Page 40 - Apr2017

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The upper floors above the museum were
renovated into office spaces, and the
building was named Shearn Moody Plaza
in honor of Mary’s brother.
Opposite the Plaza, Hendley Row
bookended the other end of the Strand
on the northwest corner of 20th Street.
GHF restored the west section of the
oldest building on the street and there
housed the organization’s headquarters as
well as a Visitors Center. The restoration
was designed and executed by the Taft
Architects of Houston, and in 1981 the
firm received a National Honors Award
for their work on Hendley Row from the
American Institute of Architects.
As the decade continued, it proved itself
more than capable of maintaining this
feverish pace of growth and renewal.
Peter Brink likened it to a “snowball
picking up a little snow and getting bigger
in momentum.”
In 1983, George Mitchell struck again
with a stunning renovation of the
Hutchings and Sealy Building at 24th and
Strand. He was now the city’s largest
taxable landowner on the island, with
real estate holdings totaling $54 million,
or nearly six percent of the total taxable
assessed valuation in Galveston. With
the capital, the drive, and the vision,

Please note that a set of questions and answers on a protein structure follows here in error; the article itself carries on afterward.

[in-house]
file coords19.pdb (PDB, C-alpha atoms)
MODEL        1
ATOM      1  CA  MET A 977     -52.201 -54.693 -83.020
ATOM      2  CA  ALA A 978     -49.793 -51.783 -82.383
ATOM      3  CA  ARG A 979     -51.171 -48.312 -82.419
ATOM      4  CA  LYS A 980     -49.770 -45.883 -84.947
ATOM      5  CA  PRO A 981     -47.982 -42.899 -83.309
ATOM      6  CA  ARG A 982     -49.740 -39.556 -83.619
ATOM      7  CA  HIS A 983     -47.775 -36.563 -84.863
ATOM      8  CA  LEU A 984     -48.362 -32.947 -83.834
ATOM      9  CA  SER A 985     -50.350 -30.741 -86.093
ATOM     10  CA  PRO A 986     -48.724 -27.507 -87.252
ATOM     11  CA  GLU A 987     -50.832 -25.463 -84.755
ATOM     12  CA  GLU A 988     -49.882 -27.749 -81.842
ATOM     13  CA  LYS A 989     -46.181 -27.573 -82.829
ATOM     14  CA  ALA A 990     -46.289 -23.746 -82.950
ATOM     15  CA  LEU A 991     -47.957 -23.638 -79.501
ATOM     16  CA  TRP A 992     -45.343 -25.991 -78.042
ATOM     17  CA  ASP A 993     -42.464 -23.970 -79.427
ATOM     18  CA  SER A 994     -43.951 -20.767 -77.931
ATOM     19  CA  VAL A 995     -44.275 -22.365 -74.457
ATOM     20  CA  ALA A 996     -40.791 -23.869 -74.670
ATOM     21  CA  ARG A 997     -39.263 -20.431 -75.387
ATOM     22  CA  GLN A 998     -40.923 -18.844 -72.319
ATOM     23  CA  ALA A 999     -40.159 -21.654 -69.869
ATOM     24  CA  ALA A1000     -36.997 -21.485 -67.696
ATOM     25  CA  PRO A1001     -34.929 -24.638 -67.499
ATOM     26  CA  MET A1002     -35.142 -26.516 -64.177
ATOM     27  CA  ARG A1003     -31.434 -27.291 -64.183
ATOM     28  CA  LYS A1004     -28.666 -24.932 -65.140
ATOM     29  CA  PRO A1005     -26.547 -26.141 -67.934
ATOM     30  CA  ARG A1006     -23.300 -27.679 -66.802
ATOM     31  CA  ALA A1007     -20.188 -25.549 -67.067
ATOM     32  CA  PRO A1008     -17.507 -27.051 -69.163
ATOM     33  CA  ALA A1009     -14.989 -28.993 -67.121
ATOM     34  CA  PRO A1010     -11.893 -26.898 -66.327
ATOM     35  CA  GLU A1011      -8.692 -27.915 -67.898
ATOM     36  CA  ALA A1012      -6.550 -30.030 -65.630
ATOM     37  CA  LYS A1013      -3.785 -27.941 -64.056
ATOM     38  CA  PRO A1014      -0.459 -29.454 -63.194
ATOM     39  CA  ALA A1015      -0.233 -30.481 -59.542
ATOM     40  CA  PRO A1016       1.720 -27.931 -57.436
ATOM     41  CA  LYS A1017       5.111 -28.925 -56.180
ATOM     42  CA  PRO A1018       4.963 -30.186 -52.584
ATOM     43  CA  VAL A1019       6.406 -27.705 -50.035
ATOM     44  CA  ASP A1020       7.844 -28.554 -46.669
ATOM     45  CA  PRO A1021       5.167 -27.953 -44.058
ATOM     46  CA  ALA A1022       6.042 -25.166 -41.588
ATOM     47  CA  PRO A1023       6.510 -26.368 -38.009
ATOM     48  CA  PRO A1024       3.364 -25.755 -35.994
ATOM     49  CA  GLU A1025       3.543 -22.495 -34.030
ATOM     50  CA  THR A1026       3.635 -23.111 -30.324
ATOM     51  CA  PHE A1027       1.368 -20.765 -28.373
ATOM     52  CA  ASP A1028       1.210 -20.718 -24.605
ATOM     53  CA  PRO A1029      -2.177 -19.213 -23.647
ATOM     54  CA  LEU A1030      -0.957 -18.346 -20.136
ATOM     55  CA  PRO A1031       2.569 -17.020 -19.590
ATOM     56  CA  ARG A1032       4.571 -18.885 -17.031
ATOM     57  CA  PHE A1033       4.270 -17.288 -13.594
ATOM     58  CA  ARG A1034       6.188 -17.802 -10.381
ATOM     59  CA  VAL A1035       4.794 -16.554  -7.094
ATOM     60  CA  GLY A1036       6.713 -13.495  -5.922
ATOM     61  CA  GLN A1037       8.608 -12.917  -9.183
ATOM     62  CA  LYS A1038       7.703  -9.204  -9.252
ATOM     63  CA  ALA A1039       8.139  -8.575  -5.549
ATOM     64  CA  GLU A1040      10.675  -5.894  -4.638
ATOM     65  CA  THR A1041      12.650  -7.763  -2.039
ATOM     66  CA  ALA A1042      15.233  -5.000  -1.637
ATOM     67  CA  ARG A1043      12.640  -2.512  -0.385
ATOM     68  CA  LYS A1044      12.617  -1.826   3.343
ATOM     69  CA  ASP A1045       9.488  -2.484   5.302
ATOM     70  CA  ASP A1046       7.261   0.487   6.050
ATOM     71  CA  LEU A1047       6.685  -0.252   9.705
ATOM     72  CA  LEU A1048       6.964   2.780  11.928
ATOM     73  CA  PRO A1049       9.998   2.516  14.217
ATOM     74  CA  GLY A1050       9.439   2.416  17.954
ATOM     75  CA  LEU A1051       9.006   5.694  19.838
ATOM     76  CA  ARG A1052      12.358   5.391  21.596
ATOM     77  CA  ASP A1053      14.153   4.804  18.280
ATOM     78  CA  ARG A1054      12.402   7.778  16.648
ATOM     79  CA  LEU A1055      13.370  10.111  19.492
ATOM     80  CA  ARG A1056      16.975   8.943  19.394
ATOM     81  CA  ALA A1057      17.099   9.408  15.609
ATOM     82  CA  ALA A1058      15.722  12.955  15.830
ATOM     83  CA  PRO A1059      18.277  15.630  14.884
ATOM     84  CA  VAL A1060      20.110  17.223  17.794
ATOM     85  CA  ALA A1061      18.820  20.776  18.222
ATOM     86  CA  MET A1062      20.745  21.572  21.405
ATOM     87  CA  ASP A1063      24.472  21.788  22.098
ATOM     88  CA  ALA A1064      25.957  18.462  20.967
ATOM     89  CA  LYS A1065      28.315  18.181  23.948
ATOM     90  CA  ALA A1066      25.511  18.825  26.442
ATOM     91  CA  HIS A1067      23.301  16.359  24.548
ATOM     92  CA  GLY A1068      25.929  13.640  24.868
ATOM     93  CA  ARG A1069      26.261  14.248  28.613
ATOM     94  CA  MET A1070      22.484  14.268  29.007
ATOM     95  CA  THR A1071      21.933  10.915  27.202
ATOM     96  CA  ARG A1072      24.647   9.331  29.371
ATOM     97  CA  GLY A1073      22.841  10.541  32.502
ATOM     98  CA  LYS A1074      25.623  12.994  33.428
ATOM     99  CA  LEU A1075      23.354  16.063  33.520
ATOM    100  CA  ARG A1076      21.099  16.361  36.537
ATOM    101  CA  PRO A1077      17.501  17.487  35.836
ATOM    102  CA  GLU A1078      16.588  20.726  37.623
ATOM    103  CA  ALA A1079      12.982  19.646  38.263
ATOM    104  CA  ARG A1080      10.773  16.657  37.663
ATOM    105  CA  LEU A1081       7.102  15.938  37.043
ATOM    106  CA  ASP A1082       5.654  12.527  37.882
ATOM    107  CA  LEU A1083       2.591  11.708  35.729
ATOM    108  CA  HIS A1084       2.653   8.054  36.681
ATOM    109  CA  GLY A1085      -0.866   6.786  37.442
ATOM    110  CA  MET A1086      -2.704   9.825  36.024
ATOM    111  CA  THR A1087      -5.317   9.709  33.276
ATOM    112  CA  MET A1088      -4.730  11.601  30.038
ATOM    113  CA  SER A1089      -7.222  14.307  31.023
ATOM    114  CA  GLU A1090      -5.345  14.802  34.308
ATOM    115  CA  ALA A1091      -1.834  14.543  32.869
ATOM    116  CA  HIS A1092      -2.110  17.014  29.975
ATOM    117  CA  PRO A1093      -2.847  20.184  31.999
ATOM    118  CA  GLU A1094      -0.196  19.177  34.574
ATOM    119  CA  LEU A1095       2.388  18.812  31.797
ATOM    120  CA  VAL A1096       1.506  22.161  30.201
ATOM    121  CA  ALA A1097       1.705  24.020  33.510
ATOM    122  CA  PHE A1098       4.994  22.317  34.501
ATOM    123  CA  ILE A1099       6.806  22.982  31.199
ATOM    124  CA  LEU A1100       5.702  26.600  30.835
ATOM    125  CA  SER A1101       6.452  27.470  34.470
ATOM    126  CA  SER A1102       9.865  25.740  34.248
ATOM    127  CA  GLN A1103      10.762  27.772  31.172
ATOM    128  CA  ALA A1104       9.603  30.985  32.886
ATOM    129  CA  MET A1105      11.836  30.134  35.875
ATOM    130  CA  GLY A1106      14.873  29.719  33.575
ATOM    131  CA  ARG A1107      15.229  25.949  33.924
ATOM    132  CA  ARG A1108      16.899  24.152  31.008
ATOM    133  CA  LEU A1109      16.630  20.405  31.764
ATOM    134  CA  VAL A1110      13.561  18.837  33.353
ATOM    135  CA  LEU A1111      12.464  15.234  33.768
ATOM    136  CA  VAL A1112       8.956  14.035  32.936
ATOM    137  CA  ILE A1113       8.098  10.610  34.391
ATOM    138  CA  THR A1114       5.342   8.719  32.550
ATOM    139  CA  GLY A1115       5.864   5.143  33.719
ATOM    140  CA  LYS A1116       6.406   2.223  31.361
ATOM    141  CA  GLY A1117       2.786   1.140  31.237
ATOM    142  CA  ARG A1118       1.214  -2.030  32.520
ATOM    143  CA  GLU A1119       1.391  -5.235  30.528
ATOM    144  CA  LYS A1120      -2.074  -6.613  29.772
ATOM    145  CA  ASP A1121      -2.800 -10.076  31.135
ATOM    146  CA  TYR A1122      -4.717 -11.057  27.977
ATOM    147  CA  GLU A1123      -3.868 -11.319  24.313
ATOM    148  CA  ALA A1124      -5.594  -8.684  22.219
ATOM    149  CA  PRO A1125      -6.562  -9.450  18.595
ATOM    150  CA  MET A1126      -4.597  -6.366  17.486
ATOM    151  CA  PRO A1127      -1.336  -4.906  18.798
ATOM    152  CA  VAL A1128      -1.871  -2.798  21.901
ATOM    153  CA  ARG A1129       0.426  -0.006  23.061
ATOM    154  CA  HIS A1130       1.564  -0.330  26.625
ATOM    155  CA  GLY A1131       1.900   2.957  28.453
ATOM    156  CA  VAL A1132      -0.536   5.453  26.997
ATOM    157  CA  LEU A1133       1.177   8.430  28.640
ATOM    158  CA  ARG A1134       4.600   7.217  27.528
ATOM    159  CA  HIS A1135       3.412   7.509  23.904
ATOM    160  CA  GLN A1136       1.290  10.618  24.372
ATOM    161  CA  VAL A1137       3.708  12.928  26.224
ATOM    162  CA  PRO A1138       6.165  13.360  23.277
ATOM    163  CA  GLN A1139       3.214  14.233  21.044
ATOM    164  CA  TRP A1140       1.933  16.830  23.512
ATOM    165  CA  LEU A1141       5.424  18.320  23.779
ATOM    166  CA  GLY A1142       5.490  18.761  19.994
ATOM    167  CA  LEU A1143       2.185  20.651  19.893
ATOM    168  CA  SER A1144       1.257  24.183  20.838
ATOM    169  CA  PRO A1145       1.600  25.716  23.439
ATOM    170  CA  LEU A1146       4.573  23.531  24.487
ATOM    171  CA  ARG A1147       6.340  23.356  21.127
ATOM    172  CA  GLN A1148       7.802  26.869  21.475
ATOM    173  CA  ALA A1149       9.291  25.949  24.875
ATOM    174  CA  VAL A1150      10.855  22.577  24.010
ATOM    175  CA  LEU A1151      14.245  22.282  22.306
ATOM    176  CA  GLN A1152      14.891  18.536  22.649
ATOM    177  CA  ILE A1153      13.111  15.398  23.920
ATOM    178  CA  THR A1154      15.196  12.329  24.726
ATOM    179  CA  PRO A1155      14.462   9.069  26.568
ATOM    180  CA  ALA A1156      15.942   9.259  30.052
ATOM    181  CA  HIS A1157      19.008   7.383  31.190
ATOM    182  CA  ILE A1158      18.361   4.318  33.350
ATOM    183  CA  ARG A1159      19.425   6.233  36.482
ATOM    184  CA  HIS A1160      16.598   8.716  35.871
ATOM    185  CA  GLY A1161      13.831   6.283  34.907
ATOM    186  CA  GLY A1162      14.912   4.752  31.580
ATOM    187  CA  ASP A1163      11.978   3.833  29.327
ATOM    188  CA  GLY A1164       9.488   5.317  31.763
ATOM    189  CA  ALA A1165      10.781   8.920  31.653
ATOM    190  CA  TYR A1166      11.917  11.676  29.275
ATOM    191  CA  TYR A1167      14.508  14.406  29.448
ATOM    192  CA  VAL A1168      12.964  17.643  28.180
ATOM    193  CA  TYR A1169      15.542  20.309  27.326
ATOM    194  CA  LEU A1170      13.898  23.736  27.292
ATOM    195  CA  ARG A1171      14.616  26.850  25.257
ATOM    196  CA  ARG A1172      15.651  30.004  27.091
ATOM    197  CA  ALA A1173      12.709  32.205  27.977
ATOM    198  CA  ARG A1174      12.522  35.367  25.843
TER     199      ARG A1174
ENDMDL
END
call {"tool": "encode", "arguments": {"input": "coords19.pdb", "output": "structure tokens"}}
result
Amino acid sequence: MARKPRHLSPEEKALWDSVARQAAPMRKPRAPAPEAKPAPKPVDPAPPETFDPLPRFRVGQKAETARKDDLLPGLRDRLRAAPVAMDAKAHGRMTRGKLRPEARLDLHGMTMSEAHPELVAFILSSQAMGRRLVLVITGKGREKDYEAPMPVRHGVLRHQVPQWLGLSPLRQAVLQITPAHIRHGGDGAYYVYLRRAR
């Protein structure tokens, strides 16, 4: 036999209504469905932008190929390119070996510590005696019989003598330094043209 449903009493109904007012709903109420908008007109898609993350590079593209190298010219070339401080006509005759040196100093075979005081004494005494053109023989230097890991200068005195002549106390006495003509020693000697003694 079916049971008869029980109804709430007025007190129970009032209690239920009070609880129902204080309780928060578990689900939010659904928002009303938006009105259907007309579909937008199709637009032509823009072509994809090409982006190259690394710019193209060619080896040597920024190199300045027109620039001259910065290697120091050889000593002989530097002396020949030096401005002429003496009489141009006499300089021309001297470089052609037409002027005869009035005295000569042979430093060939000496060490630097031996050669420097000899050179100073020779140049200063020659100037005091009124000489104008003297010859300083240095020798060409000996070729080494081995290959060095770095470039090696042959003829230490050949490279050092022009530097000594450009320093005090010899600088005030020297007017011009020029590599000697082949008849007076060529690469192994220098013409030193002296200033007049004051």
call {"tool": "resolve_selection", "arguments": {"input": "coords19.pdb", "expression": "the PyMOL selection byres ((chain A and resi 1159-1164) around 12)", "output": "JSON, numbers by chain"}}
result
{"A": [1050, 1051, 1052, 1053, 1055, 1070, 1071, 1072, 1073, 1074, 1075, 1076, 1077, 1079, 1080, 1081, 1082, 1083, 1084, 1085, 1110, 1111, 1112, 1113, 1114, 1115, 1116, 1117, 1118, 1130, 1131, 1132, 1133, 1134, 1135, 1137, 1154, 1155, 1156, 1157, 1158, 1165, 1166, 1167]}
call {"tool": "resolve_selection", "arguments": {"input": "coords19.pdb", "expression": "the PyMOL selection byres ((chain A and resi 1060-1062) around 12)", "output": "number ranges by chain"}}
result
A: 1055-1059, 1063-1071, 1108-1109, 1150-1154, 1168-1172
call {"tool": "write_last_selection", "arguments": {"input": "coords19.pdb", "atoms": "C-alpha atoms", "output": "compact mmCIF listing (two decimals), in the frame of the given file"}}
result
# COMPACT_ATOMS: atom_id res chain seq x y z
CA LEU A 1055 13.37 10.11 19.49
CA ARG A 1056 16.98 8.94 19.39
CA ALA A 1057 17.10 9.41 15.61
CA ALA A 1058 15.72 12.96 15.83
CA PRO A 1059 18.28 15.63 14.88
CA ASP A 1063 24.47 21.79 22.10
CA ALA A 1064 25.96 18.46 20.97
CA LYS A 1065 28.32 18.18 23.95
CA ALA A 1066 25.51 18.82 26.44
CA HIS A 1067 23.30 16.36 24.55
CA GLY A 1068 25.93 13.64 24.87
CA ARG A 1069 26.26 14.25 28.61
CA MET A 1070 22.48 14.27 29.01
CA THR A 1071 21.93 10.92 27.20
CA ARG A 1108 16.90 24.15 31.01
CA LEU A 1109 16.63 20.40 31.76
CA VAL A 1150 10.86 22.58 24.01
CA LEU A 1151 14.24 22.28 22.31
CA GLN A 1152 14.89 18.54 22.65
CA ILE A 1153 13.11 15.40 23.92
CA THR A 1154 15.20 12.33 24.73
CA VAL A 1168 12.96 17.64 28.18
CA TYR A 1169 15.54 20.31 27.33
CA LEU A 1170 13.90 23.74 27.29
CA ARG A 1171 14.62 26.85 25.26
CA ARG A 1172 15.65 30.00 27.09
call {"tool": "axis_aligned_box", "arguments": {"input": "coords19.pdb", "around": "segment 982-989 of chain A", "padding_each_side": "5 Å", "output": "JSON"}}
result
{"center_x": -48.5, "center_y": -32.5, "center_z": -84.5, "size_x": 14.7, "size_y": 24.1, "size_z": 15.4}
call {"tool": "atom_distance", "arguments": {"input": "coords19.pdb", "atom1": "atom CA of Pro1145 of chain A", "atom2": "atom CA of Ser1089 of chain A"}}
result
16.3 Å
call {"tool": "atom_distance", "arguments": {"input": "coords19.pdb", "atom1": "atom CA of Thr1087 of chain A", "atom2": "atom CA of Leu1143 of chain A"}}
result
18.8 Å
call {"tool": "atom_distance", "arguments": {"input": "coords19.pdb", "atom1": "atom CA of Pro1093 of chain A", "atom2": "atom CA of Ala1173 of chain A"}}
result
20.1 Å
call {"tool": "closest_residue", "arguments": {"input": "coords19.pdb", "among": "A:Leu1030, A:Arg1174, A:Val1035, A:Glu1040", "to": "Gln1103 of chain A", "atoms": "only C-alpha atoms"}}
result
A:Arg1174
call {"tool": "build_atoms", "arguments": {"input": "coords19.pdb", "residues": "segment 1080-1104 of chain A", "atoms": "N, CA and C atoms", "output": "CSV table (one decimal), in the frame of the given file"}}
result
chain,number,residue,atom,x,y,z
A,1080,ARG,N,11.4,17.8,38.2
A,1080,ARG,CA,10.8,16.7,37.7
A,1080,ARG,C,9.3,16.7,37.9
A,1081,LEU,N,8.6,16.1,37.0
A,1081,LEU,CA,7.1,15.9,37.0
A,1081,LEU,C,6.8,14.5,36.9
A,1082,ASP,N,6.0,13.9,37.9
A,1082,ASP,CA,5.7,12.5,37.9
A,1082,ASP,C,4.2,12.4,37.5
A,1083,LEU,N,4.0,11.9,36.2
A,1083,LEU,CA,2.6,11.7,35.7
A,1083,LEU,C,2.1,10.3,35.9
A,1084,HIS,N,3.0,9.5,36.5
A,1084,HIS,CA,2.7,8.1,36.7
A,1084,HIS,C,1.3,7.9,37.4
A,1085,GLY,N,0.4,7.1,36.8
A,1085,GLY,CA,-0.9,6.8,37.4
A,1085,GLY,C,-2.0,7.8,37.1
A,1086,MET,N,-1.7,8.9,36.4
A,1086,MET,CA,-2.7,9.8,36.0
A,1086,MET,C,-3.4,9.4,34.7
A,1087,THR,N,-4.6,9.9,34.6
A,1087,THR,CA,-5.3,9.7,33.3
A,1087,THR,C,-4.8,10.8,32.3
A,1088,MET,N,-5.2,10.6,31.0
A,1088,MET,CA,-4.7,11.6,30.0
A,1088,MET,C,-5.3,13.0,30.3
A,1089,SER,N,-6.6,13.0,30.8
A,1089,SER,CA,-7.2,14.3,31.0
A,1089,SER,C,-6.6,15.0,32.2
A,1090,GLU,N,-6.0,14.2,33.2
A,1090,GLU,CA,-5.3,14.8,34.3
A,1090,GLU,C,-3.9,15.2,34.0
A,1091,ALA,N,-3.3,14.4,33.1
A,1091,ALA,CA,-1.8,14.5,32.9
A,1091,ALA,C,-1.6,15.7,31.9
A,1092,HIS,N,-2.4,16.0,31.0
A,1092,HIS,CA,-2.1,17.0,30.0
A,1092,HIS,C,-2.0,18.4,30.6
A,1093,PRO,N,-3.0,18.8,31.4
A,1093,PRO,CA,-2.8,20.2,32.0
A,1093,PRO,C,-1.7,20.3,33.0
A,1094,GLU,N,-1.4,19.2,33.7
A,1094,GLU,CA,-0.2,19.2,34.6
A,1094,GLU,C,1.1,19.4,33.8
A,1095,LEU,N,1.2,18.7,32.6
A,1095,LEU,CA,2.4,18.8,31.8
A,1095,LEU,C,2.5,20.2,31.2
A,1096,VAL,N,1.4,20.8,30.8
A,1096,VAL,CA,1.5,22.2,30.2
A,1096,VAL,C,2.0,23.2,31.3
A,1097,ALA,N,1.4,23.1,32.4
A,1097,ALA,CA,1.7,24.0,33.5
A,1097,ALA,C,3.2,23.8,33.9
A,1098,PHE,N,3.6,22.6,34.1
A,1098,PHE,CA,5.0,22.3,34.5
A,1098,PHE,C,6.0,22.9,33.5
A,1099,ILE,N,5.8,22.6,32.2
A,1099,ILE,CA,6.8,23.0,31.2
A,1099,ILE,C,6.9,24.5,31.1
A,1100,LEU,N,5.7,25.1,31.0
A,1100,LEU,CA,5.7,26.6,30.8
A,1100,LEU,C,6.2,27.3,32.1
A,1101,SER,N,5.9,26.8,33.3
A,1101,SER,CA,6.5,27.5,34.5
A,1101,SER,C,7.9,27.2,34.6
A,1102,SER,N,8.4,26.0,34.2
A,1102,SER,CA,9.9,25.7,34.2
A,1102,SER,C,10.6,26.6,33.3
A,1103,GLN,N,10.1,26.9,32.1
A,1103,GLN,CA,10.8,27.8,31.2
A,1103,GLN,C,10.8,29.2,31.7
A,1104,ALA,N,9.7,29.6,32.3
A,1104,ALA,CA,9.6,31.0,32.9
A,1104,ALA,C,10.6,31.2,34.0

rehabilitation of the 1871 Thomas
Jefferson League building on the
southwest corner of 23rd Street. It
debuted in 1980, and on the street level
he and his wife Cynthia opened the
Wentletrap restaurant that singlehandedly
elevated Strand dining and brought an air
of sophistication to the city street.
During the Strand’s commercial heyday,
efficient access to the railyard from the
port was crucial, thus the street was
plotted to dead-end to the east at 25th
Street. The location of the railyard just
beyond this point allowed easy transport
from ship to rail via tracks built along the
harbor front. Eventually, a train depot was
constructed at the foot of the Strand with
the advent of rail service for passengers.
A massive 1930s renovation turned the
modest station into a splendid Art Deco
masterpiece with a center tower that rose
eleven stories.
The decline of Galveston as a destination and the rise of automobiles as primary
transportation permanently closed the depot in 1967, and the building was left to ruin
while the rest of the Strand enjoyed over a decade of resurgence. Finally in 1981, Mary
Moody Northen suggested that the Moody Foundation privately fund the renovation of
the building and develop a railroad museum.
In addition to restoring the exterior to its 1930s splendor, the $10 million project
transformed the first level into a public museum that preserved the original train
depot. The original newsstand, ticket counter, and wooden benches were employed to
re-create a 1932 tableau complete with life-sized statues of travelers in period clothing.
Trolly in front of Visitors Center, c. 1989
George and Cynthia Mitchell inside Wentletrap
Images courtesy of Rosenberg Library
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GALVESTON MONTHLY |
ARPIL 2017